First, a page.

The family of Kurt Andras Reinhold, a homeless Black man who was fatally shot by a Sheriff’s deputy in San Clemente last month, filed a wrongful death claim on Tuesday, Oct. 6 against the county and the two deputies involved in the incident.
Reinhold, 42, was shot after a fight broke out between him and two deputies with the homeless outreach team in front of Hotel Miramar on El Camino Real on Wednesday, Sept. 23. Officials with the Orange County Sheriff’s Department have said that Reinhold was attempting to gain control of one of the deputy’s guns when the shooting occurred.
The claim – a potential precursor to a lawsuit – was filed with the Orange County Clerk of the Board of Supervisors’ Office in Santa Ana, on behalf of Reinhold’s wife of 12 years, Latoya Reinhold, and their two children. Lawyers for the family announced the claim at a Tuesday morning press conference with Reinhold’s wife, mother, sister and other family members in front of the courthouse.
“These officers are supposedly trained to deal with people who are homeless or experiencing some sort of emotional problem,” said John Taylor, a lawyer for the Reinhold family. “How do we get to Kurt ending up on the ground, being jumped by the two officers, and end up being killed?”
Taylor said he believes Reinhold was initially stopped for jaywalking that day, but the Sheriff’s Department has not yet confirmed why officers stopped him.
“What led to the initial contact with the deputies is part of the ongoing investigation,” Sheriff Don Barnes said in a Tuesday statement. “During the physical altercation, Mr. Reinhold grabbed one of the deputy’s guns.”
The Orange County District Attorney’s Office is investigating Reinhold’s death, a routine process for law enforcement shootings.
The shooting sparked demonstrations in San Clemente, with protesters asking for the firing and arrest of the deputies. Tensions between communities of color and law enforcement were already tense the day of Reinhold’s death, as other protests in the nation unfolded following news of what many felt were insufficient charges involving the deadly police shooting of Breonna Taylor in Louisville, Kentucky.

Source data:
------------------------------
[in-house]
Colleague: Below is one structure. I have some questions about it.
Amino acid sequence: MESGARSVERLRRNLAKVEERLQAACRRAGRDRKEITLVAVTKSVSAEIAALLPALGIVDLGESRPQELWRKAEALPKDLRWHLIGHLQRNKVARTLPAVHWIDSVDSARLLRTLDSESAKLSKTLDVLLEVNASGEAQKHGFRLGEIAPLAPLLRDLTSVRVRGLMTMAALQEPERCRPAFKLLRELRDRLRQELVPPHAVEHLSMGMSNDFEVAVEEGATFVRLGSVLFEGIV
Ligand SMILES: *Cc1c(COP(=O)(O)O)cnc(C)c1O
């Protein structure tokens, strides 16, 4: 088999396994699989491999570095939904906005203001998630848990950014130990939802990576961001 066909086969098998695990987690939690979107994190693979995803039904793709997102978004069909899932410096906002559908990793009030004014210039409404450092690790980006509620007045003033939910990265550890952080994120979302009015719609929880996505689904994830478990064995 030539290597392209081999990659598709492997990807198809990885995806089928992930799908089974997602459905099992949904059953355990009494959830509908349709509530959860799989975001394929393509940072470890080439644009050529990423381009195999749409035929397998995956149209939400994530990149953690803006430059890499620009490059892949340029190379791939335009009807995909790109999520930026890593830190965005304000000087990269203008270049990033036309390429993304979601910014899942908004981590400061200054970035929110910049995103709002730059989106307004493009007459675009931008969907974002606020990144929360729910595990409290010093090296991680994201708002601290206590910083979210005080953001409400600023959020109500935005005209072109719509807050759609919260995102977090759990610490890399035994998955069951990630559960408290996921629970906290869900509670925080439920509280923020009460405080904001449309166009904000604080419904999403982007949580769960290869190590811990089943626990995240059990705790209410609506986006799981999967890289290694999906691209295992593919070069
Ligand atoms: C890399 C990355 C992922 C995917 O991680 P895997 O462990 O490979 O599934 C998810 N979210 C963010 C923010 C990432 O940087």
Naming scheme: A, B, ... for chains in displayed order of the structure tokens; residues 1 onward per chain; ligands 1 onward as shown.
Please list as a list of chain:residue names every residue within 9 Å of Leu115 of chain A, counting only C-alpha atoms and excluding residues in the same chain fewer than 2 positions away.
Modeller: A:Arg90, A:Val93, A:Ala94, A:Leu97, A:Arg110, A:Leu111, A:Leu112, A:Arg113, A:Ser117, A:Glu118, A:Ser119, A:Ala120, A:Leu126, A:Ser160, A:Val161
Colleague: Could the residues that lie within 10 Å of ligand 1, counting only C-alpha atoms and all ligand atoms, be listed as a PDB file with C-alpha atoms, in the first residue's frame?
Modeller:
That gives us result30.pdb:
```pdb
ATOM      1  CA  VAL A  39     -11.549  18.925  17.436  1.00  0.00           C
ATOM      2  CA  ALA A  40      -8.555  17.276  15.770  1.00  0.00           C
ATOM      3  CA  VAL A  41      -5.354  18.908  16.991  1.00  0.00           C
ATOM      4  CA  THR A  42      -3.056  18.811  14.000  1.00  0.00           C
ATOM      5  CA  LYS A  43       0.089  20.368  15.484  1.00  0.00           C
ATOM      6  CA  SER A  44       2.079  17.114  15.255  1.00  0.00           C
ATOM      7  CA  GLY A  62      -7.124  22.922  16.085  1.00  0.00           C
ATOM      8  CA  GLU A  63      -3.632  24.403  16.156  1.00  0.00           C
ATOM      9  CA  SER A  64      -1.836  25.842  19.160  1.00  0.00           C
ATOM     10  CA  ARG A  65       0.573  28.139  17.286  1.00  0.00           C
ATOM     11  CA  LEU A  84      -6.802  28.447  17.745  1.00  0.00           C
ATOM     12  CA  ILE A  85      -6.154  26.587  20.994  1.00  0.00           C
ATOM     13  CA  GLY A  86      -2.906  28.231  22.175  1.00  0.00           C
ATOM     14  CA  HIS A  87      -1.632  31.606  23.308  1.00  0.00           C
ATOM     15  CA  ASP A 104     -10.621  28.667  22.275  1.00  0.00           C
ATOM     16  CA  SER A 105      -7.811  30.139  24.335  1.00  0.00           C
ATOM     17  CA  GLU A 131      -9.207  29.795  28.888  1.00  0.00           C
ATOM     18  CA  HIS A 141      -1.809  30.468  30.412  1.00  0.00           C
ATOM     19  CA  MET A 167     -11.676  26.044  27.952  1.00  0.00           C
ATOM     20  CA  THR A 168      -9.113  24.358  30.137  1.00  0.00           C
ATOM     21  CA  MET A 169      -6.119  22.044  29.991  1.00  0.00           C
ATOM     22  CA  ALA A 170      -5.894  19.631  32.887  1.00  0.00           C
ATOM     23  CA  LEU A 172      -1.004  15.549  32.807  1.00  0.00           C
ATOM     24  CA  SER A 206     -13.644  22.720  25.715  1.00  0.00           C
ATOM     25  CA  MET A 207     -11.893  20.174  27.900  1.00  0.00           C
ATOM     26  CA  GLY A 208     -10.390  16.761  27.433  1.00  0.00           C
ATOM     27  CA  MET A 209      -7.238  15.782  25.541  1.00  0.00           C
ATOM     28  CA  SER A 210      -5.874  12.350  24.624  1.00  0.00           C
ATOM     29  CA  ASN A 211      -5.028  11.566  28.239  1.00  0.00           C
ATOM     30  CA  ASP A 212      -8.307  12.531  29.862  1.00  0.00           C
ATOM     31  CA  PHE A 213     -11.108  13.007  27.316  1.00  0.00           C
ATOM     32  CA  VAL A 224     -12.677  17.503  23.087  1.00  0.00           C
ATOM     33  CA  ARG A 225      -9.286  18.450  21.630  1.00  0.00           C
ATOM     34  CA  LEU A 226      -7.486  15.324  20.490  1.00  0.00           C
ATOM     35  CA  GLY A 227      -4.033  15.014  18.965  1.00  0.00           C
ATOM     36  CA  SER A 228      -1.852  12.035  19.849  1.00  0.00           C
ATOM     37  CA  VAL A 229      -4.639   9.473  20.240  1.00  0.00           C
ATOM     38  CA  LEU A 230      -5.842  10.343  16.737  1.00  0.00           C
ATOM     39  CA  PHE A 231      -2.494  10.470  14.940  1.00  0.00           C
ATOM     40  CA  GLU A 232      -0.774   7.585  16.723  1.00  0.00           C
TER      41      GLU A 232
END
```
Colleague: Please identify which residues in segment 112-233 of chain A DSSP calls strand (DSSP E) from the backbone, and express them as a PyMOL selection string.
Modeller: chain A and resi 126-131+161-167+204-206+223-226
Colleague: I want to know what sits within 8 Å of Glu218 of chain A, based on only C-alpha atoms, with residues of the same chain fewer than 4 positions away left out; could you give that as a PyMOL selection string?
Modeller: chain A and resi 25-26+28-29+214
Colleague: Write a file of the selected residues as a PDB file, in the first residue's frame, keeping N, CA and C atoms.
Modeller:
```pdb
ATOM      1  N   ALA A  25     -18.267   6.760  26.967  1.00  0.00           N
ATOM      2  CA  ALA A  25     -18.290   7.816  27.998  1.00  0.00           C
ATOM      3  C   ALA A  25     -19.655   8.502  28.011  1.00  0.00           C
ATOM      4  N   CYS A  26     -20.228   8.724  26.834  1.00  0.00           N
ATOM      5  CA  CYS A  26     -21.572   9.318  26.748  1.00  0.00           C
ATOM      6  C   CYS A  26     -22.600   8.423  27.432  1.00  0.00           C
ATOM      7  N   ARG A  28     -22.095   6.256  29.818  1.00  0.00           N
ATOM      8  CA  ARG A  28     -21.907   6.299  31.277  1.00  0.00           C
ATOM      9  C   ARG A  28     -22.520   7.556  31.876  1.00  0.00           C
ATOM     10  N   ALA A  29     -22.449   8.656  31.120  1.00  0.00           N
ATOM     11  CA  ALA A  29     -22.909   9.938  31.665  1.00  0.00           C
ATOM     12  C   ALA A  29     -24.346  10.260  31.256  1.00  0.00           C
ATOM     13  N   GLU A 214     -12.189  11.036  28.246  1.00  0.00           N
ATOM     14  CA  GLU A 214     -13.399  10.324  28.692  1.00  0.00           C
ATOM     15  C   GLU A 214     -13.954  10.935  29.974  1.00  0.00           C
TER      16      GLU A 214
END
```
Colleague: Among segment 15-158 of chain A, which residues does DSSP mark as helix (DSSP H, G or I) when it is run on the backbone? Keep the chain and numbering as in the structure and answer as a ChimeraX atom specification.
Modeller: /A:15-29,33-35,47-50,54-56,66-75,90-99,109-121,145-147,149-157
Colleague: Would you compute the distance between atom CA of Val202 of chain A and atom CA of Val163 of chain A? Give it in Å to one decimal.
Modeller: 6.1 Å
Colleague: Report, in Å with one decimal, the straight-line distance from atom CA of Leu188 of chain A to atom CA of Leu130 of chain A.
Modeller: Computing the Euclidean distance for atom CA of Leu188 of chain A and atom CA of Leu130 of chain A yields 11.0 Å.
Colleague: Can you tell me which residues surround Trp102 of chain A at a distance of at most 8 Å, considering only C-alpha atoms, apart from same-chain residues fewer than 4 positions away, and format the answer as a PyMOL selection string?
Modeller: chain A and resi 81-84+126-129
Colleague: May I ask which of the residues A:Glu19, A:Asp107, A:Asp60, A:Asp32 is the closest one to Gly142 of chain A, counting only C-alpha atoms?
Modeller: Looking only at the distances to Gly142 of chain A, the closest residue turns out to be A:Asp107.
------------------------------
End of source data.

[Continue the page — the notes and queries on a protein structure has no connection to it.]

The majority of protests in San Clemente were peaceful, but the city declared a curfew for one day. One person was arrested for vandalism and four others were taken into custody for disorderly conduct.
At the news conference Tuesday, the lawyer for the Reinhold family argued that deputies that day escalated the situation at “every step,” including supposedly putting hands on Reinhold first and eventually tackling him to the ground.
In a press conference shortly after the shooting, Barnes said that de-escalation goes both ways and requires both parties to be engaged in and interested in de-escalating the situation.
Taylor also said that a picture released by the Sheriff’s Department allegedly showing Reinhold reaching for the deputy’s gun was misleading, because Reinhold was struggling as he was on the ground and flailing his arms out. The picture is just a snippet where Reinhold’s hand was “incidentally” near the weapon, he said, and it would have been extremely difficult for him to successfully grab the weapon while on the ground with deputies on top of him.
Reinhold’s mother, Judy Reinhold, could be seen crying as lawyers talked about what led up to her son’s death.
“None of this makes any sense, it’s a nightmare I’m living with each and every day,” Latoya Reinhold said.
Reinhold enjoyed sports and hiking in the outdoors, in addition to coaching his son’s soccer team, Latoya Reinhold said. The couple has a daughter, 8, and a son, 7, according to Taylor.
Reinhold suffered from mental illness and for approximately the past two years had periods of time when he would have issues, Taylor said. Reinhold was on medication, but like many who suffer from mental illness, had some complications in staying on the medication, he said.
Reinhold held various jobs over the years but was recently not working, Taylor said. He would stay in various places in the state, but his family is based in the Los Angeles area.
Reinhold had been in San Clemente for about 30 days before he was killed, Taylor and Sheriff’s Department officials have said. Officers with the homeless outreach team had made contact with him on multiple occasions to try to give him resources, but he turned them down, Barnes said earlier.
In addition to unspecified financial damages, Neil Gehlawat, another lawyer for the Reinhold family, said the family wants transparency and justice.
That includes the full autopsy report, the report prepared by the Sheriff’s Department on the shooting, the names of the deputies involved to request their personnel files to learn if they were involved in previous use-of-force incidents, the entire footage of the incident and all radio traffic to see why Reinhold was stopped in the first place, Gehlawat said.
Source: Orange County Register